Wed Nov 23 02:18pm EST
As promised back in July, the trophy is here for Friday's "Heroes Game," the first edition of a new annual rivalry between Iowa and first-year Big Ten mate Nebraska. And it is… well, as Tiny Elvis would say, that sucker is huge, man.
Pros: It's traditional, tasteful and inoffensive. You know, it's hard to screw up a silver football sitting on top of a wooden ziggurat, and Iowa knows well that these things are a lot easier to screw up than you'd think.
Cons: It's big. For victory in a single game, way too big: Can this thing even be taken on a victory lap?
More to the point, it's just not weird enough. Because they sprung up organically decades ago, usually for reasons no one can even remember, the truly iconic rivalry trophies are all bizarre curios: The Big Ten alone is littered with inscrutable but hotly contested artifacts in the form of buckets, jugs, turtles, battle axes and pigs that are meaningless outside of the context of decades of cross-border feuding. They're hotly contested in large part precisely because they're bizarre curios, distinct from anything else in sports. There can be only one owner of the Illibuck. It's going to be an awfully long time before anyone yells, "Let's go take back our generic take on the classic football on a platform presented by Hy-Vee!"
Fortunately, the "Heroes Game" is beginning another unique tradition: Each game will honor two local "heroes," one from Iowa and one from Nebraska, nominated by friends, neighbors or co-workers for an "extraordinary act." This year's official heroes are Kathy Griess of Fremont, Neb., who pulled over when she saw smoke coming from a nearby trailer park and rescued two young children from a fire, and Gary Launderville of Storm Lake, Iowa, a local sheriff who has served as a foster parent to 125 children, seven of whom he and his wife have eventually adopted. Last December, Launderville was hit by an SUV while attempting to help a mother and child stranded in a snow storm. Both will be honored during the game.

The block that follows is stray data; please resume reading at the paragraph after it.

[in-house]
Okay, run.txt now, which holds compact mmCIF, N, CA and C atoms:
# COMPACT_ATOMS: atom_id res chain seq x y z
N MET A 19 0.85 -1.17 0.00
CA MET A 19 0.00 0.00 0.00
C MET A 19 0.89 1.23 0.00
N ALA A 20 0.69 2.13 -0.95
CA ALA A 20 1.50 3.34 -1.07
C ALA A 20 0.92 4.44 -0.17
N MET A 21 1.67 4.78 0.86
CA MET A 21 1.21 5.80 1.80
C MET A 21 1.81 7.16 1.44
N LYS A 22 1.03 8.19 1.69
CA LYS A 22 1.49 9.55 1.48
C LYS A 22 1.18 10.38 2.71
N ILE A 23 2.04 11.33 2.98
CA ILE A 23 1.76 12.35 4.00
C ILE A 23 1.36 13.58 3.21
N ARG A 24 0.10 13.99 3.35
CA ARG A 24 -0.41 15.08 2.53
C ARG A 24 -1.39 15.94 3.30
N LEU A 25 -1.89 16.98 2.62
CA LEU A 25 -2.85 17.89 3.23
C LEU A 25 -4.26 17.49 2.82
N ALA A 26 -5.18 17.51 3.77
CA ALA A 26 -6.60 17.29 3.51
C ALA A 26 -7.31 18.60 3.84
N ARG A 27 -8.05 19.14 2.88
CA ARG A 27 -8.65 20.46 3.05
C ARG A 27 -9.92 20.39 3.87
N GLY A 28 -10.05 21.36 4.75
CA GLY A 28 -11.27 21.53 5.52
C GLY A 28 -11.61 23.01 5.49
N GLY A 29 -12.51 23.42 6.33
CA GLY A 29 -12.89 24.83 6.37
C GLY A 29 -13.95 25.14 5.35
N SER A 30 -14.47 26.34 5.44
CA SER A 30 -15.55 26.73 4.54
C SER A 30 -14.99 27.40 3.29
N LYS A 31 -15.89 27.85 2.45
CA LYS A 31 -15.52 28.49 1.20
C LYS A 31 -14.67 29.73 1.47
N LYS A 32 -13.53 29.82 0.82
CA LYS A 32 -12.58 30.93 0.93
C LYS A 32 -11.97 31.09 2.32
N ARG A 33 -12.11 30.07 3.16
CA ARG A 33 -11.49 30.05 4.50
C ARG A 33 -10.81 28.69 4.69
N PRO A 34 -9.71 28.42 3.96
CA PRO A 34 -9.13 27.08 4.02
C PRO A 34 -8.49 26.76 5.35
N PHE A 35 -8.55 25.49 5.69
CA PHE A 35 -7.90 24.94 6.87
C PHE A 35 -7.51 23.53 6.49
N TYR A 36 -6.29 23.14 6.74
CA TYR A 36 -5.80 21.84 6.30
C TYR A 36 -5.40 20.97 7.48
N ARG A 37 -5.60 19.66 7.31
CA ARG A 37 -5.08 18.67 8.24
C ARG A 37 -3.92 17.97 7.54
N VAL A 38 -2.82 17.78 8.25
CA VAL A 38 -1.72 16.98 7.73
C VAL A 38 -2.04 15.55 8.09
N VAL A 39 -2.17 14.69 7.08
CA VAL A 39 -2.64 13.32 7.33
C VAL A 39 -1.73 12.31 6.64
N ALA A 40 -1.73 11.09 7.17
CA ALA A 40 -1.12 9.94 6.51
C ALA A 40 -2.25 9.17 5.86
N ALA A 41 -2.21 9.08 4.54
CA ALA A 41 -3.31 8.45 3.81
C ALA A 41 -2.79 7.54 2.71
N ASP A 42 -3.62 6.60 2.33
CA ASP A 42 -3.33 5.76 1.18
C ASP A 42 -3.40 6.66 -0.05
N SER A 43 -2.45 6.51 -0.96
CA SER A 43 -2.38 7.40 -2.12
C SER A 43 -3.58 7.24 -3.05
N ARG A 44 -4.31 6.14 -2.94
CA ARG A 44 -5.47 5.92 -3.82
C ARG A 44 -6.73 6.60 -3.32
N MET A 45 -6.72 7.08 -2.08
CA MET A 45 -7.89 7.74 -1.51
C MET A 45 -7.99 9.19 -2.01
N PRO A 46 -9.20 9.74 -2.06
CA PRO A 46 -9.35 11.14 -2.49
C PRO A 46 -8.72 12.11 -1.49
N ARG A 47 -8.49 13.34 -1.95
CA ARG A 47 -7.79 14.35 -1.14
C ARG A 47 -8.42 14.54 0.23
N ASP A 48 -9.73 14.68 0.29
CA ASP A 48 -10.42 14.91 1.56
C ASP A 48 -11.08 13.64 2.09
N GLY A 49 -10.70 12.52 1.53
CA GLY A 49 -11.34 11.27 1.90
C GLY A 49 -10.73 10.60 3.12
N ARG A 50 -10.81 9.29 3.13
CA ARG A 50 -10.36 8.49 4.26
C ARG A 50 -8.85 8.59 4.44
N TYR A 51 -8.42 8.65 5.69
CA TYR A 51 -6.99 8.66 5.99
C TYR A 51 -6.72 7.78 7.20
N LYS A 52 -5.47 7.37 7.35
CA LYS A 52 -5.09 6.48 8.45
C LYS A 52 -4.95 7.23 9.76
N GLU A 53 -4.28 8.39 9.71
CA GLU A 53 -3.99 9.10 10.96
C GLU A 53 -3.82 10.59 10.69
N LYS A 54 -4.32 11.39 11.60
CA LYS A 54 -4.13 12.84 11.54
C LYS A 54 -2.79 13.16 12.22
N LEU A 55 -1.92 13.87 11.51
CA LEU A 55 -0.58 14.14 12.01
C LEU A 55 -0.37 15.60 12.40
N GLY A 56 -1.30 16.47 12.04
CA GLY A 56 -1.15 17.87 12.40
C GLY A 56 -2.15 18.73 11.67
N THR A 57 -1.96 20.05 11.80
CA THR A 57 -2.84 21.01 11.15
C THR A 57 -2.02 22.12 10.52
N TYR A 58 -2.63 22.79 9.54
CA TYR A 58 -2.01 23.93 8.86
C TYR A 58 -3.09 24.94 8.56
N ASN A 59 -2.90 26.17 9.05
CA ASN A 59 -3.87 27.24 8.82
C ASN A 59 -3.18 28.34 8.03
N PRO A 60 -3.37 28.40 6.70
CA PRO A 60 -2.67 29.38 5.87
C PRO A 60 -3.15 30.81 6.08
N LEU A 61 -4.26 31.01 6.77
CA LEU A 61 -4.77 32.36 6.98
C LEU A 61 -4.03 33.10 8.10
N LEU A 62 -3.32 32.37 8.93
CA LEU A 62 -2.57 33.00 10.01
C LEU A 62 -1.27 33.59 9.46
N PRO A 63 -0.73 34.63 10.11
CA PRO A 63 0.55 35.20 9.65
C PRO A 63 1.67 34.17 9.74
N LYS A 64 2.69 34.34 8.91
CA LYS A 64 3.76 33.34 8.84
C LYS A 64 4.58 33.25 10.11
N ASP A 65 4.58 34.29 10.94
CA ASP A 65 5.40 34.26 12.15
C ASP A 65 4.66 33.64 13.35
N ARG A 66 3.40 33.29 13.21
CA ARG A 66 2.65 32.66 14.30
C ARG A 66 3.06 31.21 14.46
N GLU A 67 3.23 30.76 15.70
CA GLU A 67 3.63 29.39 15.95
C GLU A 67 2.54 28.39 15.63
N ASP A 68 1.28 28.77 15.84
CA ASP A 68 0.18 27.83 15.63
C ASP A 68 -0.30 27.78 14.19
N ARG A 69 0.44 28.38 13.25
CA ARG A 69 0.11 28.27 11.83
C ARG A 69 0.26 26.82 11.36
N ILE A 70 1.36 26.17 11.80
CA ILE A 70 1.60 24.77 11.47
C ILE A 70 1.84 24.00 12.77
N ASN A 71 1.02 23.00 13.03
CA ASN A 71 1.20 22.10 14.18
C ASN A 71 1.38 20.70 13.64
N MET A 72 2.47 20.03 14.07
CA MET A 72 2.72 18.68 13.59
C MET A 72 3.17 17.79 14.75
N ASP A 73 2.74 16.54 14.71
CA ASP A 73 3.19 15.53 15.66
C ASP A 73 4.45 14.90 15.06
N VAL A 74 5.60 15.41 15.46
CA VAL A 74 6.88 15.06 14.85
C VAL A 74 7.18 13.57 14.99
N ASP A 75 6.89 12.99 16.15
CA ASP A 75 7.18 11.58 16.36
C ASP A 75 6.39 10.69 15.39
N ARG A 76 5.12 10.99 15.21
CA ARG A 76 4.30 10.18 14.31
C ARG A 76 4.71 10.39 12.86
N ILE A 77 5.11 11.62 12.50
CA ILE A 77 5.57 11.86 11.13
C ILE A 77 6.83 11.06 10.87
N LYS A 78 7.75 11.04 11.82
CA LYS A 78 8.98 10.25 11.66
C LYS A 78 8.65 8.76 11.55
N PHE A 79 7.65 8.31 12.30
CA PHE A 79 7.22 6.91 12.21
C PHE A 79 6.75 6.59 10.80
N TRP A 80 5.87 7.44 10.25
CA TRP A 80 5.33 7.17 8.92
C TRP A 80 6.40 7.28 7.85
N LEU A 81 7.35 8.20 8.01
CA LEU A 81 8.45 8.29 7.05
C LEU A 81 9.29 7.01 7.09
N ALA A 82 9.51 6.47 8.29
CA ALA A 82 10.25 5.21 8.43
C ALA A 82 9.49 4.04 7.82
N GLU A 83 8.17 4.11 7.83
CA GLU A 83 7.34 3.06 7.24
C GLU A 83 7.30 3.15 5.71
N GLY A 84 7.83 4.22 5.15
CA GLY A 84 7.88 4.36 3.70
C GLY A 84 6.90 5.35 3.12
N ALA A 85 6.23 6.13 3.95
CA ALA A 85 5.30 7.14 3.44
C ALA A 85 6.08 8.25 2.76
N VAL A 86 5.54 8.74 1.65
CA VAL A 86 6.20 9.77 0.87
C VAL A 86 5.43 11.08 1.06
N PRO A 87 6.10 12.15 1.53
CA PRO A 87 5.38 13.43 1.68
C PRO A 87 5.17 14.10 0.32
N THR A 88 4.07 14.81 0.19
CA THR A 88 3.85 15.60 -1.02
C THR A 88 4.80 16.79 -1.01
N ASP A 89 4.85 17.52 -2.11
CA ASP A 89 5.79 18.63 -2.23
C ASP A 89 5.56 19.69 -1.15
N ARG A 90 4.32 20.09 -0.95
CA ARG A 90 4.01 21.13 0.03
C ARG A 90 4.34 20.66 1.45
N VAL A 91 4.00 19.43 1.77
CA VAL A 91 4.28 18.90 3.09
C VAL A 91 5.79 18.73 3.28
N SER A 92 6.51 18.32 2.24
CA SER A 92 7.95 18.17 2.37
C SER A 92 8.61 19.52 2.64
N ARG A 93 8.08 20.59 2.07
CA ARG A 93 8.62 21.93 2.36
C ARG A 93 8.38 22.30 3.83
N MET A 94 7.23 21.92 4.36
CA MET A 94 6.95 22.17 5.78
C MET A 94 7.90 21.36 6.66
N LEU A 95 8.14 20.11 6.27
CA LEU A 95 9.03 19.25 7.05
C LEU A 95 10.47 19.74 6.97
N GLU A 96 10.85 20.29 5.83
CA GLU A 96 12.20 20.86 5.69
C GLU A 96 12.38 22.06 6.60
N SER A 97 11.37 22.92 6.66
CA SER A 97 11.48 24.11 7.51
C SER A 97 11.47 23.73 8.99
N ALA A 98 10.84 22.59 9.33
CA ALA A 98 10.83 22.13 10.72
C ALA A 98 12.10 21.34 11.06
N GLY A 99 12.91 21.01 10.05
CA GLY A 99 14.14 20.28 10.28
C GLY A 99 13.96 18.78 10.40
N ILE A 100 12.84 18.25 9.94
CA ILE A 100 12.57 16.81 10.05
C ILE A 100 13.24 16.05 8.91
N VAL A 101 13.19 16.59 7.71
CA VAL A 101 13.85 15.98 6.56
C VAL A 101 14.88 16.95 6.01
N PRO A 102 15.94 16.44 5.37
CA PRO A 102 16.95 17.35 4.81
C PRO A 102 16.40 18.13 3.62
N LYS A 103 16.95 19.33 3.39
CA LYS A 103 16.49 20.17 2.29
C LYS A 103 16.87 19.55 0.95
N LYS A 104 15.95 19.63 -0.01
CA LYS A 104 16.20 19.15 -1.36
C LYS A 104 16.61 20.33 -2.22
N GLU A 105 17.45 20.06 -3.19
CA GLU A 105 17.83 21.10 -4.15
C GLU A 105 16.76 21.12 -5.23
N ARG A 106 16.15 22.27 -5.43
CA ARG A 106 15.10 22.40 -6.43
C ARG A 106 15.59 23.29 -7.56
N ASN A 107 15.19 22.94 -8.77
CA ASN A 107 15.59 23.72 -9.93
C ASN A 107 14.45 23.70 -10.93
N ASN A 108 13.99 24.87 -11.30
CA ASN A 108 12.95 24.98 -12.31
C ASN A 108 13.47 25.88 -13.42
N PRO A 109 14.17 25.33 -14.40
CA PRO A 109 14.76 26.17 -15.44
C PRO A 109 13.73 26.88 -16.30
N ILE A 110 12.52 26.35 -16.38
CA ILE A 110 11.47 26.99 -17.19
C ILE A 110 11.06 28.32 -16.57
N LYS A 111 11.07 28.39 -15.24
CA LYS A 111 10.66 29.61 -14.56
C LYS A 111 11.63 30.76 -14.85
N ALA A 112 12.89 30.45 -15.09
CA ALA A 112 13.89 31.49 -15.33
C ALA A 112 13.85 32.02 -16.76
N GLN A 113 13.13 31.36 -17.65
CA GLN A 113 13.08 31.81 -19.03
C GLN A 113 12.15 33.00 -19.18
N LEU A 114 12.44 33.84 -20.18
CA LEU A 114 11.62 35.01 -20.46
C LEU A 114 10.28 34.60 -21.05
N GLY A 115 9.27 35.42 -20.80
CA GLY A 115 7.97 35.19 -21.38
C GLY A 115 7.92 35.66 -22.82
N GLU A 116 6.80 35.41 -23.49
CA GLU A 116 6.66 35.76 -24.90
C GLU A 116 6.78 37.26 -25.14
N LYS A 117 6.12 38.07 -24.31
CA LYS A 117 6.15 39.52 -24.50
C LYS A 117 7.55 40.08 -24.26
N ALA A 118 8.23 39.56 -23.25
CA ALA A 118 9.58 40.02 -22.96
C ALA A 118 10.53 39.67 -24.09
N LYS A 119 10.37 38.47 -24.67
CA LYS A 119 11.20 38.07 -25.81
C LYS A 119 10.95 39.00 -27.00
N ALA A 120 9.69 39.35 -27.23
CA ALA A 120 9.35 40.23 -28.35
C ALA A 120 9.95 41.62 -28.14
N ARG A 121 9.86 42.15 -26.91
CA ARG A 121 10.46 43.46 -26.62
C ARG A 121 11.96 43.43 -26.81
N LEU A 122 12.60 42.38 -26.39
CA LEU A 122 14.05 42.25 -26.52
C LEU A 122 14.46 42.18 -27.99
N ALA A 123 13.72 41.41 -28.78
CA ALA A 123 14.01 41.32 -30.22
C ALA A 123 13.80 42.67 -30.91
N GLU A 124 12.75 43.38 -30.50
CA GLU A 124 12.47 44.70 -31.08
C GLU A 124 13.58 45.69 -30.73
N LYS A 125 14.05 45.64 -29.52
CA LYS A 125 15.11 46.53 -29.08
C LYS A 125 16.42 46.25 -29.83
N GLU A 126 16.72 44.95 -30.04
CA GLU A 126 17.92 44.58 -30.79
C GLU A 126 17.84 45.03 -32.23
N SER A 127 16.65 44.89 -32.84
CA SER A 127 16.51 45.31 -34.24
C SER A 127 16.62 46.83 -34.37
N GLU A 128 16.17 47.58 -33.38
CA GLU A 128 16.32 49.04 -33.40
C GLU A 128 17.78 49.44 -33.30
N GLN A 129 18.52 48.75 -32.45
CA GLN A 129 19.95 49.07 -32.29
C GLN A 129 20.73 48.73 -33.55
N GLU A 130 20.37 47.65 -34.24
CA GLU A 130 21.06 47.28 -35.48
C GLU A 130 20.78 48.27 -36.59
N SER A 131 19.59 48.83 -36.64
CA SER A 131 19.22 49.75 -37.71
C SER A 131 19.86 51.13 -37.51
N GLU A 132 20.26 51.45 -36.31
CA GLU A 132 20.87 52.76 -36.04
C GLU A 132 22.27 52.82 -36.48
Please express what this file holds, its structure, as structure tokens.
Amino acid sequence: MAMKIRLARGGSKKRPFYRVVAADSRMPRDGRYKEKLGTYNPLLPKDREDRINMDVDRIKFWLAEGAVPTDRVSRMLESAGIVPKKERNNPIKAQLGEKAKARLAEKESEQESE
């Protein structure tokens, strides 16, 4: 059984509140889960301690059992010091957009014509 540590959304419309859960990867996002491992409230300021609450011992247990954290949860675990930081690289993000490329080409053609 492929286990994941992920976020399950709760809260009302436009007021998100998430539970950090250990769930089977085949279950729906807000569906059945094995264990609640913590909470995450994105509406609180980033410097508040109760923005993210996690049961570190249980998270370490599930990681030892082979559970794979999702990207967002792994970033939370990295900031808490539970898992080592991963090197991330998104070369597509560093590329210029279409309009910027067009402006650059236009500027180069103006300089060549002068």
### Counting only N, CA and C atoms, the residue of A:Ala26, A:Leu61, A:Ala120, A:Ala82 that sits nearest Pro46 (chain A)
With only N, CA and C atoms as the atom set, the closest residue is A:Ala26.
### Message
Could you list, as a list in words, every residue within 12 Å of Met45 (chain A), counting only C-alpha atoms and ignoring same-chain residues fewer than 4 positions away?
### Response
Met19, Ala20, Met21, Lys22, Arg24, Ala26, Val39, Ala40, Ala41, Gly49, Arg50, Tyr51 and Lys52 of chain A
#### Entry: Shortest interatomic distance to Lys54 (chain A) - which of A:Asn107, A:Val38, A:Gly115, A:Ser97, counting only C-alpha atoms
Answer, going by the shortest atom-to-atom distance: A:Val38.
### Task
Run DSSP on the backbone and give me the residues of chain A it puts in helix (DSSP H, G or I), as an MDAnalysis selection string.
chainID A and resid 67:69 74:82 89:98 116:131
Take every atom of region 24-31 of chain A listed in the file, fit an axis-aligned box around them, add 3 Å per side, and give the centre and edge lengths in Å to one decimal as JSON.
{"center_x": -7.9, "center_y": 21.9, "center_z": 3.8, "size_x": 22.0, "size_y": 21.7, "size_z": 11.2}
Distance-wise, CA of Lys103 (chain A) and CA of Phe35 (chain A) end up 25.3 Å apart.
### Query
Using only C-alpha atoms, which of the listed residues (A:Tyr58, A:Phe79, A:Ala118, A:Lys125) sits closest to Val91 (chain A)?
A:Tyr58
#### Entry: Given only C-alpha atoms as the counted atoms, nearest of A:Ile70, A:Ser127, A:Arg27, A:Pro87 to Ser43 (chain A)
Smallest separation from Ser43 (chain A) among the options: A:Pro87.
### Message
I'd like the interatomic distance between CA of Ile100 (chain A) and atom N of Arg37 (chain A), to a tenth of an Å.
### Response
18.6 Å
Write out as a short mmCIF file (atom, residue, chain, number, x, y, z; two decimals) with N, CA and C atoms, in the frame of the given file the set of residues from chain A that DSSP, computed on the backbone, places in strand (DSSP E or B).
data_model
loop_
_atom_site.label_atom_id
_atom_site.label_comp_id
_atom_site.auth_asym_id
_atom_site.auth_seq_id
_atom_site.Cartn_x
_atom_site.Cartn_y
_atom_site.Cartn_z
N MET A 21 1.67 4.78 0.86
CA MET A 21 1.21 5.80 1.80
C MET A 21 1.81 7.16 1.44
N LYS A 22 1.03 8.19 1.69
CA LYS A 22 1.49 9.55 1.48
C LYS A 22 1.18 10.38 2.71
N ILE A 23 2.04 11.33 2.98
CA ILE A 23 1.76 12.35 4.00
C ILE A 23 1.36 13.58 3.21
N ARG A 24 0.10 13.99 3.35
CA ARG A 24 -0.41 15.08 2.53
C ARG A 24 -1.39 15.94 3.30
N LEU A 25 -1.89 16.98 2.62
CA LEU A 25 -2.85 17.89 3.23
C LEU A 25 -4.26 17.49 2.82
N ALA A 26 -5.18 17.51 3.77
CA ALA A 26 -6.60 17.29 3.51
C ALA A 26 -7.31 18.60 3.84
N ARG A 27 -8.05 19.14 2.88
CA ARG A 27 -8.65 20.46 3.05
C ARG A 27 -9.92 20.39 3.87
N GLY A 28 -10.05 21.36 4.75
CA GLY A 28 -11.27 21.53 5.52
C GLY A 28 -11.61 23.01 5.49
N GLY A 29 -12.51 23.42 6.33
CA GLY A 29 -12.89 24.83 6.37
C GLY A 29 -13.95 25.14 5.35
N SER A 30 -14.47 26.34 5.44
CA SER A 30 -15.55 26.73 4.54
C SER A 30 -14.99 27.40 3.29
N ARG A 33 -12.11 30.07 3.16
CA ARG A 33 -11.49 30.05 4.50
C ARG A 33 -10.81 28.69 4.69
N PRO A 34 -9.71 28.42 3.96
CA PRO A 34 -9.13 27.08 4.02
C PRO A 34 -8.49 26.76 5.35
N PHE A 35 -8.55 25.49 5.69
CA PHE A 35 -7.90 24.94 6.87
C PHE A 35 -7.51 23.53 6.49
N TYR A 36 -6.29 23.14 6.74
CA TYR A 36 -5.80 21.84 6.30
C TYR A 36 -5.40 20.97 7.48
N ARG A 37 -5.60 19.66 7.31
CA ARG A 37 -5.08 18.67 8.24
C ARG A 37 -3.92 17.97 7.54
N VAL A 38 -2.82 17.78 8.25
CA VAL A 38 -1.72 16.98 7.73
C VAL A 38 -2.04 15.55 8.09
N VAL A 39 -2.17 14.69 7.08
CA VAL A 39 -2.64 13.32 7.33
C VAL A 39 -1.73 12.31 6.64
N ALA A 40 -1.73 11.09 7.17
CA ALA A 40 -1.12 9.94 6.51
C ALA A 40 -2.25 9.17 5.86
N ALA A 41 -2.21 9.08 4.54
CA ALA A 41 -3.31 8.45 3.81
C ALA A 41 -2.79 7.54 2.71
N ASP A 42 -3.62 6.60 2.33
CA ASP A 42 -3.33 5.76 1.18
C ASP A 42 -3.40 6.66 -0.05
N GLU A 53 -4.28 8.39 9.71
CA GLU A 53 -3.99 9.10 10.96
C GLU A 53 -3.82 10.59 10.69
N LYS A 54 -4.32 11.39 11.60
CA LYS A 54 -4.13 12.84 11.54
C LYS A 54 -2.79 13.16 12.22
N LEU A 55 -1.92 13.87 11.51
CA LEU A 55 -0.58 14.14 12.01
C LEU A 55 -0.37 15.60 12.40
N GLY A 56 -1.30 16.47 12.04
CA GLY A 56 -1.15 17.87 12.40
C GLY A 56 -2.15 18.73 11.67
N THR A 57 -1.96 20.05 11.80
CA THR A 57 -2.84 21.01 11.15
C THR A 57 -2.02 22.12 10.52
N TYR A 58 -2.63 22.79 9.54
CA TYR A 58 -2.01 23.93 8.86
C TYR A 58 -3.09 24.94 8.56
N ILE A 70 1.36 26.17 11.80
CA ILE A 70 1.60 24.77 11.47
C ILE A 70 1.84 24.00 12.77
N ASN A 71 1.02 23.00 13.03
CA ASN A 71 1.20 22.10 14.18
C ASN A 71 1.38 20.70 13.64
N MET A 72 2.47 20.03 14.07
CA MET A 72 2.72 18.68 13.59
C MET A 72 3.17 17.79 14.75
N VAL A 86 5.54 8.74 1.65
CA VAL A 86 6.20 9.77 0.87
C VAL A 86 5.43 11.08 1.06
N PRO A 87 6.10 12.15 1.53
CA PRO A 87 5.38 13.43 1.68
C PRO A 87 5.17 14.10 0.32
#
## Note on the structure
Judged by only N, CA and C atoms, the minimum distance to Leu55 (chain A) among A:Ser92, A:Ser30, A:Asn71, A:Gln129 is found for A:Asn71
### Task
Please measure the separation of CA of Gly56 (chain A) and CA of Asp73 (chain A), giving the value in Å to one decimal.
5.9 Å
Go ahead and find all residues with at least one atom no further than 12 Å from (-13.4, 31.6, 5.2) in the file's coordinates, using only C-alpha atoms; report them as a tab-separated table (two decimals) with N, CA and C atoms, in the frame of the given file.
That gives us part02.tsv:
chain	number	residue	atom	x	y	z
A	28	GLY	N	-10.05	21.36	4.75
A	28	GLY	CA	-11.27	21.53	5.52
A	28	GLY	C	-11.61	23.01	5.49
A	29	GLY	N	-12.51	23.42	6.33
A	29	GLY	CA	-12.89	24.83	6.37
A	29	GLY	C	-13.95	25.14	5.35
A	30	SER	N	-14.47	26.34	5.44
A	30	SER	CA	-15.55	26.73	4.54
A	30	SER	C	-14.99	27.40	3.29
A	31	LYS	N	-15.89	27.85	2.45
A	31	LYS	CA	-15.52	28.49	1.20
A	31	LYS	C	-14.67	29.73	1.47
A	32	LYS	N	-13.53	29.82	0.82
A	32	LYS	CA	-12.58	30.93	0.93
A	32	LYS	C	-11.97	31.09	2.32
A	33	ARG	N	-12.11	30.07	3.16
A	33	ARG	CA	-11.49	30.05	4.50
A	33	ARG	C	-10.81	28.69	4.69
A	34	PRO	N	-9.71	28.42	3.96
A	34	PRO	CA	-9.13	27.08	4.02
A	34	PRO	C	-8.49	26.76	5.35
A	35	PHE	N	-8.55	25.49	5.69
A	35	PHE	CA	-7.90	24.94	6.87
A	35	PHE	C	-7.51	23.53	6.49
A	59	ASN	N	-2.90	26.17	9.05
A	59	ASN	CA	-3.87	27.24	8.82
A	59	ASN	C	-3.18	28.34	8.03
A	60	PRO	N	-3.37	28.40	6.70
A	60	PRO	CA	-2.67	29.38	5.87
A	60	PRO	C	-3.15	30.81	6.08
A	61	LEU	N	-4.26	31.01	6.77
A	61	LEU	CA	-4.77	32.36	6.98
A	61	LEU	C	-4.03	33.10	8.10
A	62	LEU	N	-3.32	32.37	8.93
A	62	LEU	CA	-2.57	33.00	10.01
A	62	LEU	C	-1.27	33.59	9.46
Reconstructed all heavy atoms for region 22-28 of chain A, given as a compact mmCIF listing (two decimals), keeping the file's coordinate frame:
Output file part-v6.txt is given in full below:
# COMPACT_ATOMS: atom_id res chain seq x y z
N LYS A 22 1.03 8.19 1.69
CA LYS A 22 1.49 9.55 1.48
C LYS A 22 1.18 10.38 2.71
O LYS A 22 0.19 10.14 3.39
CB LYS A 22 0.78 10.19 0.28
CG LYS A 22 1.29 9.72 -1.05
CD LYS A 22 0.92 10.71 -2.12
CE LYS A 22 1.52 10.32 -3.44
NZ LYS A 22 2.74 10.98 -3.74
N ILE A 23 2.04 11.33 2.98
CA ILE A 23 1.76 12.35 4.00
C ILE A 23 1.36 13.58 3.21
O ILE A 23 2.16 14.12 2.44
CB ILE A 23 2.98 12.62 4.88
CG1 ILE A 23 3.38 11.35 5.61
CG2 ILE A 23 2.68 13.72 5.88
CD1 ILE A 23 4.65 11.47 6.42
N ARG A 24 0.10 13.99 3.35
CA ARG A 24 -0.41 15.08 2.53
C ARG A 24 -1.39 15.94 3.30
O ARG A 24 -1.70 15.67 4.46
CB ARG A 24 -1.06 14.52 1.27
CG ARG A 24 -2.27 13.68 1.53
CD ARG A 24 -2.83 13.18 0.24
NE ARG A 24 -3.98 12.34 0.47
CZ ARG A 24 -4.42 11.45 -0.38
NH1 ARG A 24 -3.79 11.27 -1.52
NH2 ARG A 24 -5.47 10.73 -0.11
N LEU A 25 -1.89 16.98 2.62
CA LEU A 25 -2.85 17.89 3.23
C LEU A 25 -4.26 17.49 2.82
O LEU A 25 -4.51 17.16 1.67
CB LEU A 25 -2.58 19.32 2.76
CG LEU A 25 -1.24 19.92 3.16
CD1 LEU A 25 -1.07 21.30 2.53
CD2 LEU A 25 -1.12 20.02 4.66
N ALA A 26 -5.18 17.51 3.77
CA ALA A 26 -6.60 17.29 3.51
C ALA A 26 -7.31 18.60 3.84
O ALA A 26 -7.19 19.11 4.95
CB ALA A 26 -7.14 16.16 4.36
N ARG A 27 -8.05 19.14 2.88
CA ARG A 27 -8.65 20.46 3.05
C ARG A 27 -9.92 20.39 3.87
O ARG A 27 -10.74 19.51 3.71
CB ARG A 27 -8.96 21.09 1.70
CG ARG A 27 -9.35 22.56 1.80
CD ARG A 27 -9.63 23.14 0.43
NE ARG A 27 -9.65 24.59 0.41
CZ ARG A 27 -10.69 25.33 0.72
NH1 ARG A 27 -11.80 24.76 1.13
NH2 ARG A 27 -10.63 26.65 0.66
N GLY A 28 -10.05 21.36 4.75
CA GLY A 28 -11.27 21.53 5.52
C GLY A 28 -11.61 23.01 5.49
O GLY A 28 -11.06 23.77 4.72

As for the game itself, with both teams already bowl eligible but eliminated from the Big Ten title hunt, there's little at stake beyond inter-state pride. It will be the first meeting between the old "rivals" since a home-and-home between the Hawkeyes and 'Huskers in 1999 and 2000, itself a rare renewal of a series that had been an annual affair for most of the first half of the 20th Century. The first time Iowa and Nebraska met, in 1903, it wasn't entirely clear yet which team would be known as the "Cornhuskers." Now that would be something to play for.